The Government is extending its Rural Fuel Rebate Scheme to 17 of the most remote areas in Scotland and England.
The rebate, which allows retailers to receive up to a 5p per litre (ppl) fuel duty discount on unleaded petrol and diesel, has been welcomed by the fleet operator trade organisation ACFO.
The UK’s most rural islands already receive the discount, but it will be the first time that European legislators have approved a fuel discount for introduction on the mainland.
The European Commission has already approved its introduction, but the initiative must also receive approval from other member states through the Council of the European Union.
Chief secretary to the Treasury Danny Alexander said he was hopeful the scheme would be introduced before the May 7 general election, as part of the Government’s drive for a “stronger economy and fairer society”.
The 17 postcode areas in which the rebate will be introduced include parts of the Scottish Highlands, Argyll and Bute, Northumberland, Cumbria, Devon and Hawes in north Yorkshire. Since 2012, the Rural Fuel Rebate Scheme has applied to the Inner and Outer Hebrides, the Northern Isles, islands in the Clyde, and the Isles of Scilly.
Tristan Campbell, fleet advisor at whisky distiller Chivas Brothers, which operates a UK-wide fleet of 260 cars and 60 vans, welcomed the move. He hoped the price cut at the pumps would be further extended to other remote areas.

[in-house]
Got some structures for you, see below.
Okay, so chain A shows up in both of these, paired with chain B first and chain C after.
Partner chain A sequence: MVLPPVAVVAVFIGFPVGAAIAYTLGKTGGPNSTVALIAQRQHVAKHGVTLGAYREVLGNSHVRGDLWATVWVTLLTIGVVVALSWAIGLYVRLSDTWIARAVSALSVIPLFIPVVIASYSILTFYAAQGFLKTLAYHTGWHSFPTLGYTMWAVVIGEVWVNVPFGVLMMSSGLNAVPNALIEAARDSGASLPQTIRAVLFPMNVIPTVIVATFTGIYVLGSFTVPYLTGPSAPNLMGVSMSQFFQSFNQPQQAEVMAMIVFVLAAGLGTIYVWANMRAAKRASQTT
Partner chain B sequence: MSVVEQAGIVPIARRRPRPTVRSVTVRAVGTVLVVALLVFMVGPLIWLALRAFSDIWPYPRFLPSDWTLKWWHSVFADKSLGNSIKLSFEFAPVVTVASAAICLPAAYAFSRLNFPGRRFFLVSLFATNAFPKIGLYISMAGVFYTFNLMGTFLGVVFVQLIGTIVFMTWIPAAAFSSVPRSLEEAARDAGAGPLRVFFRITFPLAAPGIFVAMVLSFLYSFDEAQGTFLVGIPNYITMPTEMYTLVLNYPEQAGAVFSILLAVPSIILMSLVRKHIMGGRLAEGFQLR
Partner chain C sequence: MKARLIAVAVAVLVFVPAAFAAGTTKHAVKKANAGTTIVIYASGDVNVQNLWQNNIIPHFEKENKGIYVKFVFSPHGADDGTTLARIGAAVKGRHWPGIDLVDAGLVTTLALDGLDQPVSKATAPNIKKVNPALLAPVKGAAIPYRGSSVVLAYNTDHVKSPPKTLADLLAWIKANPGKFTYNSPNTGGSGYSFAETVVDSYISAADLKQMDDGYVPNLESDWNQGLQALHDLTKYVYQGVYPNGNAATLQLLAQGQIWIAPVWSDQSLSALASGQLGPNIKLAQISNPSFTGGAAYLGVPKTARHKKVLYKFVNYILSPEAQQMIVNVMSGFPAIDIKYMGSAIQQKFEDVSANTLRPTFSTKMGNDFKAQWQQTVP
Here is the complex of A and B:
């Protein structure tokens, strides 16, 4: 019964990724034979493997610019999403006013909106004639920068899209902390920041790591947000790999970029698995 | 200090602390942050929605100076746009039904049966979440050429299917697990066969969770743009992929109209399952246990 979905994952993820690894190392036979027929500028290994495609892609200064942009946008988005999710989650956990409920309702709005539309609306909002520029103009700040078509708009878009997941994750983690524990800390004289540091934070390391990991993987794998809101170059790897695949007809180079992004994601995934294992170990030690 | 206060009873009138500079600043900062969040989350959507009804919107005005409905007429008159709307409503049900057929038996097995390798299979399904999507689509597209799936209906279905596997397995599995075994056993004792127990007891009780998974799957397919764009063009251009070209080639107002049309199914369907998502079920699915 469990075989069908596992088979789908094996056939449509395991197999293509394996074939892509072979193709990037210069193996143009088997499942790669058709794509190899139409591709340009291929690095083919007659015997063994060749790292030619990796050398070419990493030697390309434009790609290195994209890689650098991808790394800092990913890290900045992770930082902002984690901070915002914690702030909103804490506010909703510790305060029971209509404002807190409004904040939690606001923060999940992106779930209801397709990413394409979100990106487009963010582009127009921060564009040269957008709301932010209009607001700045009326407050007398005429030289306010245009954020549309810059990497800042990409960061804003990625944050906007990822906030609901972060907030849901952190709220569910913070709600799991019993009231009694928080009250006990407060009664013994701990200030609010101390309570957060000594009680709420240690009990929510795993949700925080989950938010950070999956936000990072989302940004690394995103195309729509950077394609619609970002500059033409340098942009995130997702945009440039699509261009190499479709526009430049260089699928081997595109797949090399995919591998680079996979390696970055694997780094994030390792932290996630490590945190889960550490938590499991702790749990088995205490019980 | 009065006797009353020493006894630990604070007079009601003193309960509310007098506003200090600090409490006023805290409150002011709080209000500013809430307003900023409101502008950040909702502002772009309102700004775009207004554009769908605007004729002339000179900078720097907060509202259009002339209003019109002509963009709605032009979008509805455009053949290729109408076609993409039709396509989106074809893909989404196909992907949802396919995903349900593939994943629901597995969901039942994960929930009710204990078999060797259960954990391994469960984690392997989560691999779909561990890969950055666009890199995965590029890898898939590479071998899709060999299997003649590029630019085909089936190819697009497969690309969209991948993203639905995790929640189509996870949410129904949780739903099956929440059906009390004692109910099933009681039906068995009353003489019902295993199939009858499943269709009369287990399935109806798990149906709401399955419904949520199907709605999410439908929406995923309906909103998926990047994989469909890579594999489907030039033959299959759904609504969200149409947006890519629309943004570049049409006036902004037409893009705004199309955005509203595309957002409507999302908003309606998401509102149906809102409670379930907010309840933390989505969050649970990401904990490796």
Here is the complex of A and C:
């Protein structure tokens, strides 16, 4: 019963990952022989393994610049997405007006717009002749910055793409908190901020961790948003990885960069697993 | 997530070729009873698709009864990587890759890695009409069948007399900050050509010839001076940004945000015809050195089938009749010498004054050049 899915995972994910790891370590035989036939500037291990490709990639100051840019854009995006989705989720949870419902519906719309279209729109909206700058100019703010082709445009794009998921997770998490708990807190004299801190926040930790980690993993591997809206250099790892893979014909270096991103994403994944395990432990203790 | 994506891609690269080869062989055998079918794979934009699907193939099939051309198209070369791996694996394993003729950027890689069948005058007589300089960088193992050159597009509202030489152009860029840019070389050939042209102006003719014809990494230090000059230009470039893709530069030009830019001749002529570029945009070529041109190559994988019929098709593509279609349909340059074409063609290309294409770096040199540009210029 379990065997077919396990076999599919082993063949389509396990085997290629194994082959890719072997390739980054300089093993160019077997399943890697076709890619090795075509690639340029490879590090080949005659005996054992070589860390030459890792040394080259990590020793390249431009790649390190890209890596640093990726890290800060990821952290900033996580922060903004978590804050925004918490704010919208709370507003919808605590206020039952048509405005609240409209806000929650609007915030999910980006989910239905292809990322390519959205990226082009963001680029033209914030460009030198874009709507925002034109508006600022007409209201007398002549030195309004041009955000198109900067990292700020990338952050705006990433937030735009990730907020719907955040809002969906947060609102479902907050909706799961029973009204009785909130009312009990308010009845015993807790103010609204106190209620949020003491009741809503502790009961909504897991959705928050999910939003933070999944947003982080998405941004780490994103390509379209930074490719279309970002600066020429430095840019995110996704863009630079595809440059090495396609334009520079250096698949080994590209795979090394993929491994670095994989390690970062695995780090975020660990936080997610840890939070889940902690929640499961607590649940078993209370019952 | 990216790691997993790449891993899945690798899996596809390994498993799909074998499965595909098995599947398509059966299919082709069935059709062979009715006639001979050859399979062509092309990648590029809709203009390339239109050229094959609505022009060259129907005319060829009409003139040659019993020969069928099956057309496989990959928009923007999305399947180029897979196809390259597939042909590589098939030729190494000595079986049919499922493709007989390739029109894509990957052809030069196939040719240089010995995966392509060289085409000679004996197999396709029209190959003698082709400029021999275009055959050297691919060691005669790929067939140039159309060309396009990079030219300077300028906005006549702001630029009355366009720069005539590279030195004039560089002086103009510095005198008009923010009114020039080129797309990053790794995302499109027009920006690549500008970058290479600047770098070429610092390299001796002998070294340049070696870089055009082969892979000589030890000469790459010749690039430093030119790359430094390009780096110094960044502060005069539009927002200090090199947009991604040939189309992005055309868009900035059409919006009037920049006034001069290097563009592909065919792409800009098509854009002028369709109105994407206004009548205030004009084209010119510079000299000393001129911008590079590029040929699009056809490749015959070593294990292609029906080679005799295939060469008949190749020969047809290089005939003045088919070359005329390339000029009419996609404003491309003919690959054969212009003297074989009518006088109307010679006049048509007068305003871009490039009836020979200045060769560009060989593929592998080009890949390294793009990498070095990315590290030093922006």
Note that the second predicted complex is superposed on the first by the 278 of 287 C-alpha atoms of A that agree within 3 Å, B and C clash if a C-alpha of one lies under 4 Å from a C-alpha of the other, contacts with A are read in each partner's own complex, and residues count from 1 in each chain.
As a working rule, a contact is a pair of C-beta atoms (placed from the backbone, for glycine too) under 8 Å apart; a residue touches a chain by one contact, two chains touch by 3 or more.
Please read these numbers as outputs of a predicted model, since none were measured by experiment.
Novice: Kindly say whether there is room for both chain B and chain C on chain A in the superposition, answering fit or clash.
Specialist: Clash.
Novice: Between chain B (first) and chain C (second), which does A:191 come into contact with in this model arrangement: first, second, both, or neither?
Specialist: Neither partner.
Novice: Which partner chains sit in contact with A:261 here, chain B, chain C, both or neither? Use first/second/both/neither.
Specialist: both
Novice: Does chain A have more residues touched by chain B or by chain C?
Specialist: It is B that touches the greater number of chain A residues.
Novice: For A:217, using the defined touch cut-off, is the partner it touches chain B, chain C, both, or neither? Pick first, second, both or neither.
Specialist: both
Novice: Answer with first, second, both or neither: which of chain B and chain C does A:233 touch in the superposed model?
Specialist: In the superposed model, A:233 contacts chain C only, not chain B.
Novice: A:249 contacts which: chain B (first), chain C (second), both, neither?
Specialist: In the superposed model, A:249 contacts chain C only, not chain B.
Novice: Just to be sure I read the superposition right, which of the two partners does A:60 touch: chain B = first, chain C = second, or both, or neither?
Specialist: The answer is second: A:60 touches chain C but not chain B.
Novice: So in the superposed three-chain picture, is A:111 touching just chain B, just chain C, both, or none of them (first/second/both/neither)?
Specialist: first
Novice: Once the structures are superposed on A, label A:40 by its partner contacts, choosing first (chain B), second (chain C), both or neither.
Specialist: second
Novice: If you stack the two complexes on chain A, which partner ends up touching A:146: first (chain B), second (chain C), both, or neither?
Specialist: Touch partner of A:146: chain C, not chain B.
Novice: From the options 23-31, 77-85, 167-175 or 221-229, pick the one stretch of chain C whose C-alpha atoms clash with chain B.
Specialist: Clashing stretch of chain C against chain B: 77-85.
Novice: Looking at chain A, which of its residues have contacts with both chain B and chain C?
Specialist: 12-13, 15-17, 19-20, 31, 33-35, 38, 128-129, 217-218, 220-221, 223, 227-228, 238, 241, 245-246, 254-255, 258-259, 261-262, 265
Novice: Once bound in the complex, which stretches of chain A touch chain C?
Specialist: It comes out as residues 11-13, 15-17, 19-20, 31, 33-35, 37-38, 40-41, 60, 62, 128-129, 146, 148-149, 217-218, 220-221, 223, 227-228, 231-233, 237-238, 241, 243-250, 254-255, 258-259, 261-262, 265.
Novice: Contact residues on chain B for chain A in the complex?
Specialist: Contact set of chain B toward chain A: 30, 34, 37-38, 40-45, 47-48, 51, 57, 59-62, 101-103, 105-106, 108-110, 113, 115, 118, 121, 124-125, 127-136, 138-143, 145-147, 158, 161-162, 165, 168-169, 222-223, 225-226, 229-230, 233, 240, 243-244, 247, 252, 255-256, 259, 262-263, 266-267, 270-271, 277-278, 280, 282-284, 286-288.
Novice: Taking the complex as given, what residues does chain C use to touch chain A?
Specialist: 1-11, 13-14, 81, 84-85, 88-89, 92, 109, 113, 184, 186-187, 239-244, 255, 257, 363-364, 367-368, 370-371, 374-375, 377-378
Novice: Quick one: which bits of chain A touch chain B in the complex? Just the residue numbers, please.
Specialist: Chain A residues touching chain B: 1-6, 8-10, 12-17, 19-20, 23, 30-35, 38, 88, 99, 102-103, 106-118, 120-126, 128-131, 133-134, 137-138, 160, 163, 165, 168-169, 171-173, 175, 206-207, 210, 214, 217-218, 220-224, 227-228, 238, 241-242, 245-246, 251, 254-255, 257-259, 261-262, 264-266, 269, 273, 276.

The company has vehicles, notably vans, based in Speyside in the Scottish Highlands and on an island off Orkney, and expects to see savings when the fuel duty cut is passed on.
“We have vehicles that operate in some of the areas where the Rural Fuel Rebate Scheme will apply and employees who live in those areas,” said Campbell, secretary of ACFO’s Scotland and Northern Ireland region.
“The measure is very welcome. It will help not just businesses that operate vehicles in those areas, but everyone who drives through and who lives in the rural communities. I hope the scheme can be further extended to cover a greater area of the Highlands and other remote regions.”
HM Treasury said the 17 areas were selected using set criteria, which were: pump price threshold – pump prices have to be more expensive than the lowest pump price on the islands in the existing scheme; cost of transporting fuel – areas have to be more than 100 miles by road from the nearest refinery; and population density – population density must be no higher than any area in the current scheme.
Campbell said pump prices in rural areas in Scotland could be as much as 7ppl more than in Paisley, where his office is located. Many fuel retailers in remote areas had closed in recent years and not all forecourts opened 24/7 or on Sundays. He explained: “Business and private drivers often have to drive miles to find a fuel station.”
It is acknowledged that remote rural areas have some of the highest pump prices in the country and the Government claims that expansion of the scheme would help stimulate the economies in those regions. RAC fuel spokesman Simon Williams called the development “a landmark moment for mainland rural communities”.
Fuel retailers within scheme areas must register with HM Revenue and Customs (HMRC) in order to claim back up to 5ppl fuel duty – currently 57.95ppl – on a monthly basis.